Yesterday evening I accompanied my husband to his firm’s annual winter ball. We made small talk with a woman from Litigation and her date, perhaps the only African-American man in the room, whose savoir-faire struck me. Then the inevitable “What do you do?” revealed that he hosts a cable TV show. “We don’t have cable,” I said at one point, politely exculpating myself for not recognizing him. But my husband did, and said excitedly, “I just saw your show over Christmas, and you took a caller who complained that your guests are too conservative.” (Yes, he remembered that caller.) “Since the election, I feel the media are embracing conservatives—is this true? Is the media afraid of the Republicans?”

Of course not, the man explained: there were equal numbers of liberals and conservatives on the show, and the network employed a cadre of people just to keep statistical track of how many liberals, conservatives, blacks, Hispanics, women, etc. participated, so they could be balanced.

Steve pressed his question though, and the man did admit that since the Republicans did win a second term, they felt emboldened to argue their agendas more aggressively.... I grew more and more disengaged, staring off into the cavernous room with its massive pillars and chandeliers. His expressions, both facial and verbal, were of such a blandness that if this were a movie, his manner would scream *technocratic treachery*.

The conversation didn’t go anywhere, of course, because nobody was seriously going to challenge him. He was an insider; we were all elites, drinking champagne at a company event. Last September at my in-laws, I briefly saw another show on his network wherein a young author was giving a talk on why humanities departments were superfluous at public universities and should be abolished. I didn’t linger there, bearing witness to this atrocity, because it was going to give me a stroke. And I knew not wasting my money on cable TV was the right and good thing, and the money I saved by doing this would go toward books and the time I saved would go toward reading them, and this I would wish for everyone, categorical-imperative-like. But what cut through my moroseness last night was this: as this man and his date detached from the clique, walking away, he called back his parting shot: “And you really should get cable. It’s worth it.” This animated my drinking for the duration of the ball.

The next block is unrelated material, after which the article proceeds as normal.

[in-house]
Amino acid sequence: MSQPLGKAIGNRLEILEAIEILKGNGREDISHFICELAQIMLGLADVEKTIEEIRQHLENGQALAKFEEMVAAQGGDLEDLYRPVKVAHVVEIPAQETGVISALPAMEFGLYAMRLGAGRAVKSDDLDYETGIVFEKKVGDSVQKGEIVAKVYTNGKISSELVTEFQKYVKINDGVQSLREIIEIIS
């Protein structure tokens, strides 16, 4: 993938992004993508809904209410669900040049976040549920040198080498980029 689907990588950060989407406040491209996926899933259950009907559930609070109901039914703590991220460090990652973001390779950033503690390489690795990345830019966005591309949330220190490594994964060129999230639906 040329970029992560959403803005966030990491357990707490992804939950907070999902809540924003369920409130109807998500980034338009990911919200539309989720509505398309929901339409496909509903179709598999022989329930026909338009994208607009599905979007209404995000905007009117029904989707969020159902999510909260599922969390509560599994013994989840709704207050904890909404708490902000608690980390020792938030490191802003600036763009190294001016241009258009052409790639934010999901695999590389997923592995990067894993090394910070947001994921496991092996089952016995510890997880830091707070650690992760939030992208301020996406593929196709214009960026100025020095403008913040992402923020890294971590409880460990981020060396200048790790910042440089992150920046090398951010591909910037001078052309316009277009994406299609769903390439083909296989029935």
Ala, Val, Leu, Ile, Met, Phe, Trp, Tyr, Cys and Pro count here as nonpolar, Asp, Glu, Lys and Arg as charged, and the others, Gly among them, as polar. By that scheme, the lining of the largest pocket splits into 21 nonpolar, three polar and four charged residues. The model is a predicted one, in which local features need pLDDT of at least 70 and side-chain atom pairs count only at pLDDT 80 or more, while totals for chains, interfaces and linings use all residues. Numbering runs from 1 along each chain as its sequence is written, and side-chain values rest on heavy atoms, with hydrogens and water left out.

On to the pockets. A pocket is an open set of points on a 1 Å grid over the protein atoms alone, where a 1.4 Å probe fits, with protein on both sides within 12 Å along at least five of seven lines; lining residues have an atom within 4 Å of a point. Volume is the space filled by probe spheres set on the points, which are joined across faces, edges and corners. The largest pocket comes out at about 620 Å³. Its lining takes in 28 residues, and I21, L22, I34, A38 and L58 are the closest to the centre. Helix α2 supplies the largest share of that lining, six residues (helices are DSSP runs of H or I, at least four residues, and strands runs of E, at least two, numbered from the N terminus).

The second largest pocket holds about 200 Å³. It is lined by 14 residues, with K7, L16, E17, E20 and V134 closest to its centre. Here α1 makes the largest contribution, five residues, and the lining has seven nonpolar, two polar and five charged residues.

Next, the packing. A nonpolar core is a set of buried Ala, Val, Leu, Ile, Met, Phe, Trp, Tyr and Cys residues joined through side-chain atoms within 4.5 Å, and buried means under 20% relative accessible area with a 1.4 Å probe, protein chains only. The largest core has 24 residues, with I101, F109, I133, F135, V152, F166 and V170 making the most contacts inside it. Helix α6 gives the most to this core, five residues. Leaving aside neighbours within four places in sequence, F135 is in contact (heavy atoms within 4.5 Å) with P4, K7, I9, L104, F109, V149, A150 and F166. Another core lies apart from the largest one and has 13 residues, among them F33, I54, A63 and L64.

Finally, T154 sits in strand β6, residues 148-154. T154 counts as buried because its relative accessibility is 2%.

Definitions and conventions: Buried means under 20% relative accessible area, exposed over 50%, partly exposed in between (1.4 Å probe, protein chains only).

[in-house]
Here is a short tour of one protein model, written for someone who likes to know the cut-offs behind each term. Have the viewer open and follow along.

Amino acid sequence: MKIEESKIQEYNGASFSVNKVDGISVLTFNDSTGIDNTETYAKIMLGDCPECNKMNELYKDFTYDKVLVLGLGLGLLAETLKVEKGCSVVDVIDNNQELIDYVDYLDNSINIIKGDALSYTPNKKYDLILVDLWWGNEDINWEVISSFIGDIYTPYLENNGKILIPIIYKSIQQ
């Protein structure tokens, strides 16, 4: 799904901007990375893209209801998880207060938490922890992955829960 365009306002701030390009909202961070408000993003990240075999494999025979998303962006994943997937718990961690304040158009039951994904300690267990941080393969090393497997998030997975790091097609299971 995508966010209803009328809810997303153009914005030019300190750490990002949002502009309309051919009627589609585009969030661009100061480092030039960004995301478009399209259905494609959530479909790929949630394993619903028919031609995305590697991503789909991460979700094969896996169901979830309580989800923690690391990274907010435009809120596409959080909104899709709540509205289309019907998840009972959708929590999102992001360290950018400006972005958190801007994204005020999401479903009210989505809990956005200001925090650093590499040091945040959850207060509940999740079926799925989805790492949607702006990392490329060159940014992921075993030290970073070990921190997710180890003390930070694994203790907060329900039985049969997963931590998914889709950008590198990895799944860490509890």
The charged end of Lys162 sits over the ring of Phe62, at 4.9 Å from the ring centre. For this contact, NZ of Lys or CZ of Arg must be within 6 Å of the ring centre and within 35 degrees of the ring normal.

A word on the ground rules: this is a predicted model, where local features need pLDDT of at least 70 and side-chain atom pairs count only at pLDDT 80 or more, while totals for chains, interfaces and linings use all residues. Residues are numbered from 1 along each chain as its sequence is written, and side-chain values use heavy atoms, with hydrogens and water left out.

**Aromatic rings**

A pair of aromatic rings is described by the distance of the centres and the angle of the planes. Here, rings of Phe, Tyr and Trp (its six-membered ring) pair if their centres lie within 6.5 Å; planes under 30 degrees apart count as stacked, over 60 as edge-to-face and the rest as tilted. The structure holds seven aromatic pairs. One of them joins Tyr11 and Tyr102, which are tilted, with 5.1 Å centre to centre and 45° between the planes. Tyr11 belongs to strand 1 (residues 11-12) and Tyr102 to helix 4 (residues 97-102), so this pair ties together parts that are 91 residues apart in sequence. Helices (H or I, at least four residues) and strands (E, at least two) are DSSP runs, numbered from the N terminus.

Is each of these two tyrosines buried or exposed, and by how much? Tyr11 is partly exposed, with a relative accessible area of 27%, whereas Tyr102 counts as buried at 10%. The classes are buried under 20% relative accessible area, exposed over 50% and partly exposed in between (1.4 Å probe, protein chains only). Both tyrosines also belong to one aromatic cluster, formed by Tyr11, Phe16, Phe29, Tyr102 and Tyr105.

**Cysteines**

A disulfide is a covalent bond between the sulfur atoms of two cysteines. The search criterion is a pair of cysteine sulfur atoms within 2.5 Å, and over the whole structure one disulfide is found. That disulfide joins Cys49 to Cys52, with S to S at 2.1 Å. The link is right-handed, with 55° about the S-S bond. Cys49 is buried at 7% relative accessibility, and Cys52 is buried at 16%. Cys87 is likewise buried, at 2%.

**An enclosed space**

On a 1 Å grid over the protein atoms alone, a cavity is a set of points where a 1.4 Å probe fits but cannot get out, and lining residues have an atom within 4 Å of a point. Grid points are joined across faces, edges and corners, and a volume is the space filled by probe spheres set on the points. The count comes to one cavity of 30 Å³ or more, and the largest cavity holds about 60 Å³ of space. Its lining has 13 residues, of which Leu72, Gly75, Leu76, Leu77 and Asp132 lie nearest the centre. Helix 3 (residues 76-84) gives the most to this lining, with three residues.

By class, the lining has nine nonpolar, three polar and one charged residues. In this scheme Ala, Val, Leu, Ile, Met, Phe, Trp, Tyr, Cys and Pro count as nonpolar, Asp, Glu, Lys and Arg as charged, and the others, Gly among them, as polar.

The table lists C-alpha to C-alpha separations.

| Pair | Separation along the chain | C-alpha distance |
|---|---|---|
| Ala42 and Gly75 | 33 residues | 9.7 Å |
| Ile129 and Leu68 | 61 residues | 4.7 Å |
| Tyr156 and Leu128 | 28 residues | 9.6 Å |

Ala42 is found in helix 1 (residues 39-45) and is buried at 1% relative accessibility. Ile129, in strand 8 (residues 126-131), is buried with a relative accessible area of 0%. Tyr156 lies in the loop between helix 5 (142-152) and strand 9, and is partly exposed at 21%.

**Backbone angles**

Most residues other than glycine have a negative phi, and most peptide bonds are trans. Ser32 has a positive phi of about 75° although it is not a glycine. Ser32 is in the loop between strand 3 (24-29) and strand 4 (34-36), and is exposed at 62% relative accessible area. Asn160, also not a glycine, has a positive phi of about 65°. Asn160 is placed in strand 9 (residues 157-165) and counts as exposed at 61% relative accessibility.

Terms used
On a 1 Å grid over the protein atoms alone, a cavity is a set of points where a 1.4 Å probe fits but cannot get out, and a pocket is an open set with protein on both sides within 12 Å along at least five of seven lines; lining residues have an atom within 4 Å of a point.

Friday, January 07, 2005

New Year, Rainy Friday

The California winter of rain is here, has been here, and gives the impression that it will never not be here. And I am here in the bedroom of a pleasantly empty house with the pup sleeping soundly at my feet. It seems that I my at last return to myself.

The year ended in a series of minor disasters that lasted weeks (inaugurated by the Republican win)and included four car breakdowns and $500 worth of repairs and a possible cancer diagnosis for the pup (that turned out to be nothing but an abscess cured by antibiotics but like the car it took several visits to professionals and a couple of break-downs to diagnose and over $500).

But I have hope for the coming year, especially with Percy's clean bill of health and the "Creative Visualization" book I got right before Christmas. I am imagining that everything is good, so that it will be good. Try it. It doesn't cost anything.

As for poetry, my friend Aaron Kunin called me the other day. He's on his way to Montreal for a few days and wanted to get in touch with a local writer. He's one of my favorite people to talk with. He and Ange. He's read every book and seen every movie and teaches classes like Color in Film. Not like the difference between Black and White and Color but the way a color or colors are used in particular films. He has several great poems in the 3rd issue of NO: A Journal of the Arts. My favorite goes like this:

Girl and Reptile

and girl turns toward
the accident with
an expectant look

as if it had been
a deliberate
attempt to gain her

attention (her tongue
wiping the shredded
inside of her cheek)

and would you eat the
apple (again she
finds herself on the

phone yelling at a
stranger) I would peel
and core the apple

yes little brother
(her face contorted
and her tongue pressing

against her cheek caused
it to bulge) you shall
have an apple too

The flatness of the language -- the cleanliness of the language -- doesn't take any attention away from the surrealistically banal scenario. Almost like a David Lynch domestic scene rendered in poetry. A private violence lurking beneath the surface, in the mouth. An incestuous Adam and Eve though the title implies that the boy is a different species. What if The New Yorker printed this on the same page as the latest Seymour Hersch article? Wouldn't poetry then be contemporary and relevant, finally, obviously so?

Good to be back.

-- M